Why Was Albany Chosen As New York's Capital?

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Selected for its centrality as a business and shipping center, Albany became New York state's capital in 1797. At the confluence of the Hudson and Mohawk rivers, Albany was at the end of the Hudson River Valley and critical to the fur trade in New York.

Albany was founded as a trading post named Fort Orange in 1624 and chartered as the city of Albany in 1686.The first national census in 1790 listed Albany as the 19th largest city in the United States with a population of 3,498, while New York City was listed as the largest city in the state and the nation.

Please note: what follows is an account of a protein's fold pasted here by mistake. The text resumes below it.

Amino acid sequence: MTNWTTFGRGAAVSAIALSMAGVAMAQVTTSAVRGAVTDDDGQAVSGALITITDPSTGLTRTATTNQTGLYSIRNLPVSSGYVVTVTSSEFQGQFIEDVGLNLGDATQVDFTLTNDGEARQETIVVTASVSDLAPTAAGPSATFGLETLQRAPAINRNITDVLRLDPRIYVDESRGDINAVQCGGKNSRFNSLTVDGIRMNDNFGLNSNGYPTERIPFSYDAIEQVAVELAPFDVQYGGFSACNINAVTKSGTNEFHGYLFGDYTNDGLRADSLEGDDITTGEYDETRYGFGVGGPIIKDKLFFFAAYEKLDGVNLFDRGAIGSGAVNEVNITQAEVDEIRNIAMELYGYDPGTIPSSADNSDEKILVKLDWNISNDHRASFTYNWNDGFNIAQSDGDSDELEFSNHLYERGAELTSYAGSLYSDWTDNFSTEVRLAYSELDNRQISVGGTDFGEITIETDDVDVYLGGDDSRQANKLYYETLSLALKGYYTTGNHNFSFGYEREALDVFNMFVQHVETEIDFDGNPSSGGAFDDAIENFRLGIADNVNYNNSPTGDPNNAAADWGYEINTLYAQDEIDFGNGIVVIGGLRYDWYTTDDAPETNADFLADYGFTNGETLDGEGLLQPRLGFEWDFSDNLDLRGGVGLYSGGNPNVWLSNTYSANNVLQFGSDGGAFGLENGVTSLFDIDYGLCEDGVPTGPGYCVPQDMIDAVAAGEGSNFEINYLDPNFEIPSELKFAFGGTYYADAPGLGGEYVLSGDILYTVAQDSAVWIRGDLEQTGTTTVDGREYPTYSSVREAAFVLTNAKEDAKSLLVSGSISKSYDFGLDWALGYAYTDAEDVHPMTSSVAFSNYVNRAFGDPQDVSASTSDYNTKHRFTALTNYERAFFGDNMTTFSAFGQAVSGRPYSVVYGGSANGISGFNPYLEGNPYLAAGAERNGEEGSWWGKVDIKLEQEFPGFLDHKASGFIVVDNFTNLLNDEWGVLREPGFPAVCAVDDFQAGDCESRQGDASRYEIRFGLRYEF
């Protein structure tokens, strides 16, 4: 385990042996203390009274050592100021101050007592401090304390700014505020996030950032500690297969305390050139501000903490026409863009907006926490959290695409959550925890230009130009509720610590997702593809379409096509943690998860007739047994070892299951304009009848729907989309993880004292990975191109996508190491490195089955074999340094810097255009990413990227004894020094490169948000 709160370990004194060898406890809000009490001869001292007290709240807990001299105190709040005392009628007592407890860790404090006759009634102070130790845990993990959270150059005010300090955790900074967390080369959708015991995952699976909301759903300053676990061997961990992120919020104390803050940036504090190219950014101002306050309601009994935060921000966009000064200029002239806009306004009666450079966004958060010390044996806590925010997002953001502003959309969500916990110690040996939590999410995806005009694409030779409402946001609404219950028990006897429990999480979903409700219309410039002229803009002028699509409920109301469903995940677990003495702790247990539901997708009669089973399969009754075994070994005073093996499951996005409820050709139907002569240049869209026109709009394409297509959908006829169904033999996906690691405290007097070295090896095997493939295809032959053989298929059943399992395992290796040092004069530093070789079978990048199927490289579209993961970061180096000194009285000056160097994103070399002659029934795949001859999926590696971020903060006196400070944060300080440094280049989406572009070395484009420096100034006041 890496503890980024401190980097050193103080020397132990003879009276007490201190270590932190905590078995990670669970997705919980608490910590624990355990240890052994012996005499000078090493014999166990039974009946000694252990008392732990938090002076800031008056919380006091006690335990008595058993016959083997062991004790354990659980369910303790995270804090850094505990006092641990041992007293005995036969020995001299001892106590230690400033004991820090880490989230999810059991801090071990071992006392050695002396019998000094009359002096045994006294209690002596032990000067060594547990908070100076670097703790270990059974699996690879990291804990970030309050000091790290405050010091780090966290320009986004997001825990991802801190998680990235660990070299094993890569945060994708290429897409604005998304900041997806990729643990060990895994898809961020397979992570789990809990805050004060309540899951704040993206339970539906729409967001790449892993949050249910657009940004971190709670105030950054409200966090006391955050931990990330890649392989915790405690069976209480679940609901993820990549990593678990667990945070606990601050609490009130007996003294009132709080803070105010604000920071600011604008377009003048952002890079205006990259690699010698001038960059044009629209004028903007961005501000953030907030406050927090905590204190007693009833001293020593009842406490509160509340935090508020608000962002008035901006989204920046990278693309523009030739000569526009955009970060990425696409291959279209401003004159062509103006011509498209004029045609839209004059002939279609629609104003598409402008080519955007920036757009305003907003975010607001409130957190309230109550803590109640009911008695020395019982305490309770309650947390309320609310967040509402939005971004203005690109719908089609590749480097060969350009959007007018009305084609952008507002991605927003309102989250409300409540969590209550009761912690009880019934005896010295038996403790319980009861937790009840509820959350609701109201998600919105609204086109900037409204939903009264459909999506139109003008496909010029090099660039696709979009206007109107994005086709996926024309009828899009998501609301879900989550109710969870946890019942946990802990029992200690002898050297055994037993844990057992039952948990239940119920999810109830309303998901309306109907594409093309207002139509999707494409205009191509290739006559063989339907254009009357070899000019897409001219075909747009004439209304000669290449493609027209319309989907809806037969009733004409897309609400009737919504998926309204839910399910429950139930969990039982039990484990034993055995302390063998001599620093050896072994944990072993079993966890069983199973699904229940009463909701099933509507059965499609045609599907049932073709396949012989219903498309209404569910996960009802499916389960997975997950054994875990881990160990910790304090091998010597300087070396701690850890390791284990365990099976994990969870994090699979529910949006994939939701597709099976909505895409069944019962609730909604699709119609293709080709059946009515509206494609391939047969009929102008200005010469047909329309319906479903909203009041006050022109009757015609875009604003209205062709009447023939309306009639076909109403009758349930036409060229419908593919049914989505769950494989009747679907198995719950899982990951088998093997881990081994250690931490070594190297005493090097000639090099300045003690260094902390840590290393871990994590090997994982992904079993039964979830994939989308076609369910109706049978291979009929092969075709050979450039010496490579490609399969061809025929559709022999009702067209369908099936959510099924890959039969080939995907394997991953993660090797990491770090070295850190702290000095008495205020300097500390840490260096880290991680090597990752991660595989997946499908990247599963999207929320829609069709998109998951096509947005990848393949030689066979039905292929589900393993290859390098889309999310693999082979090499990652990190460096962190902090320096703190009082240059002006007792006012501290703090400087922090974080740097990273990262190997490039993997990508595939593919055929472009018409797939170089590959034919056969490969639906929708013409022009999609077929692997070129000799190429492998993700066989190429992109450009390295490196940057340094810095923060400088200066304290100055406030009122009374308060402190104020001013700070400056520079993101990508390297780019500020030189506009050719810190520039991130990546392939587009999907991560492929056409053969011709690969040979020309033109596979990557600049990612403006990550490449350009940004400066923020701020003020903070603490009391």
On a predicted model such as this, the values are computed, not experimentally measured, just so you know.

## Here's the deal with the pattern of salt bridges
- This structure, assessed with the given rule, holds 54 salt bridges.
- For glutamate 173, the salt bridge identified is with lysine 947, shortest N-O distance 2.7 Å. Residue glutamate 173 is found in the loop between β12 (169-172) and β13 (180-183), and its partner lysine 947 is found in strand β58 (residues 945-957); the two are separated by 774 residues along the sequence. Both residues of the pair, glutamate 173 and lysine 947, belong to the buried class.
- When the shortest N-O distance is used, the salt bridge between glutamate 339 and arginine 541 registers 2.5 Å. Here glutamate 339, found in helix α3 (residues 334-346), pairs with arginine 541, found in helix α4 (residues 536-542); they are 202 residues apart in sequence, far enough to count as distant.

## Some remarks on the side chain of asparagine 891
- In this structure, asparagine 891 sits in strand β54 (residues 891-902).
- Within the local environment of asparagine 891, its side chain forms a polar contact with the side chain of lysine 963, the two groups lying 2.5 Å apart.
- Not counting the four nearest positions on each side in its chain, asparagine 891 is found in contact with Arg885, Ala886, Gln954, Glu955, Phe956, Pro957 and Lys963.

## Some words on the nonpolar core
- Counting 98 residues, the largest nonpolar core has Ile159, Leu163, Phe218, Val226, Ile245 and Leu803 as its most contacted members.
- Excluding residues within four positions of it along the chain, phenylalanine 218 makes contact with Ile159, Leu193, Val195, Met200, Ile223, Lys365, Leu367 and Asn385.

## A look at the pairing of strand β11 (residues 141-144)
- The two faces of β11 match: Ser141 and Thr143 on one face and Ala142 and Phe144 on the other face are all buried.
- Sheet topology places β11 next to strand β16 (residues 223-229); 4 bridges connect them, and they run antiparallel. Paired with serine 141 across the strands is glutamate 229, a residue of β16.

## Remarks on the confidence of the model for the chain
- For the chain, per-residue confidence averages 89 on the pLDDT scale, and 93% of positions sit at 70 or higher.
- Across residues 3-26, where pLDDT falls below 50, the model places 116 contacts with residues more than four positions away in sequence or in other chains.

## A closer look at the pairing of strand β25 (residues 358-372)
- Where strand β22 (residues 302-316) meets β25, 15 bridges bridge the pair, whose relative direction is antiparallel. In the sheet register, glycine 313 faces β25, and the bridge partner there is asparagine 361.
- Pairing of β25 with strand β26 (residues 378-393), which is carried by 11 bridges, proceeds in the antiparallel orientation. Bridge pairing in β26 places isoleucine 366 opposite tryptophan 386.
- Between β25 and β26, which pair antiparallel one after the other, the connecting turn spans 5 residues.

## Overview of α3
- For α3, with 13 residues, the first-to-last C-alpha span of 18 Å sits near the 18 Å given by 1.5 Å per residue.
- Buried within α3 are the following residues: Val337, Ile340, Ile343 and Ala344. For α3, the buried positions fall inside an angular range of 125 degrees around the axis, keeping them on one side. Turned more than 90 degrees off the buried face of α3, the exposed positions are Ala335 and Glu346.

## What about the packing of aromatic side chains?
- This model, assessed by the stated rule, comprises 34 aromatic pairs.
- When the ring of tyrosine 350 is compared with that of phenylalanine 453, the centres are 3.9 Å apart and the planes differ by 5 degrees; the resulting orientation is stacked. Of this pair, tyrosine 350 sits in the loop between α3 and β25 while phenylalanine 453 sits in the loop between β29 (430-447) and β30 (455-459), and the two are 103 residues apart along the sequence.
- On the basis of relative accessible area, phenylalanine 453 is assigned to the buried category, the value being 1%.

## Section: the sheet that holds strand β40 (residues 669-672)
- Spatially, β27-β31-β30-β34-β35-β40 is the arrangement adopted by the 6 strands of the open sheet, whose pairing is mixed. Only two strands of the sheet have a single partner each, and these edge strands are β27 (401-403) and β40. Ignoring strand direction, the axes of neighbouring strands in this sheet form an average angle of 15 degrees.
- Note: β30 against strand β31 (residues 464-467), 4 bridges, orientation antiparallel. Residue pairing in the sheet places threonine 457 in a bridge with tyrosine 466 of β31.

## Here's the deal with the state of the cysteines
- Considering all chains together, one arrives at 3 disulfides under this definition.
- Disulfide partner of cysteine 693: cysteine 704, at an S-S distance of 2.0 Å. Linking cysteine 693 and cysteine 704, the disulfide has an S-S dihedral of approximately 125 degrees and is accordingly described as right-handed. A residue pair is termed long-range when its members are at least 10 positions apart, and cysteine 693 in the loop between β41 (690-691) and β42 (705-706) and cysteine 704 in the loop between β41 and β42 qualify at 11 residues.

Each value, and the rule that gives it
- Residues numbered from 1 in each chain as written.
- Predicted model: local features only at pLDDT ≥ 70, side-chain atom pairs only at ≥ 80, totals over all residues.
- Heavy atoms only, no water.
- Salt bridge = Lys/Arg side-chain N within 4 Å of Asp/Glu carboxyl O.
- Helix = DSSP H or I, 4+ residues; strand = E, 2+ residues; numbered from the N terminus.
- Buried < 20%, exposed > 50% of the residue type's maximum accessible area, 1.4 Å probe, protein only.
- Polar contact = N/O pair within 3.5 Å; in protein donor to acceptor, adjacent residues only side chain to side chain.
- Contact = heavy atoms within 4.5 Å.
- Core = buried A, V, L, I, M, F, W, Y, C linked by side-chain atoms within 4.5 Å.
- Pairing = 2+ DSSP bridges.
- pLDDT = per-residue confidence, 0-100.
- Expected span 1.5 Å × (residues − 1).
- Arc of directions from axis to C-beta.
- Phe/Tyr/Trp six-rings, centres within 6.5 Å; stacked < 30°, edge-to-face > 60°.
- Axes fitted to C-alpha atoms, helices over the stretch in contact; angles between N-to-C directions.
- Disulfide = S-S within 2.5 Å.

The city was the convening point for the Albany Plan of Union. There it was resolved to place the British North American colonies under a centralized government. The plan was adopted in 1754 by representatives from seven of the colonies. While never executed, it was the first significant attempt to conceive of the colonies as a collective united under one government. During the Revolutionary War, Albany served as a supply and military planning center for the colonial military. Nearby Saratoga was the site of a pivotal battle in the war.

After the ratification of the Constitution in 1787, Albany was one of three cities that served as provisional state capital, along with Kingston and New York, until 1797 when the New York legislature established Albany as the permanent capital.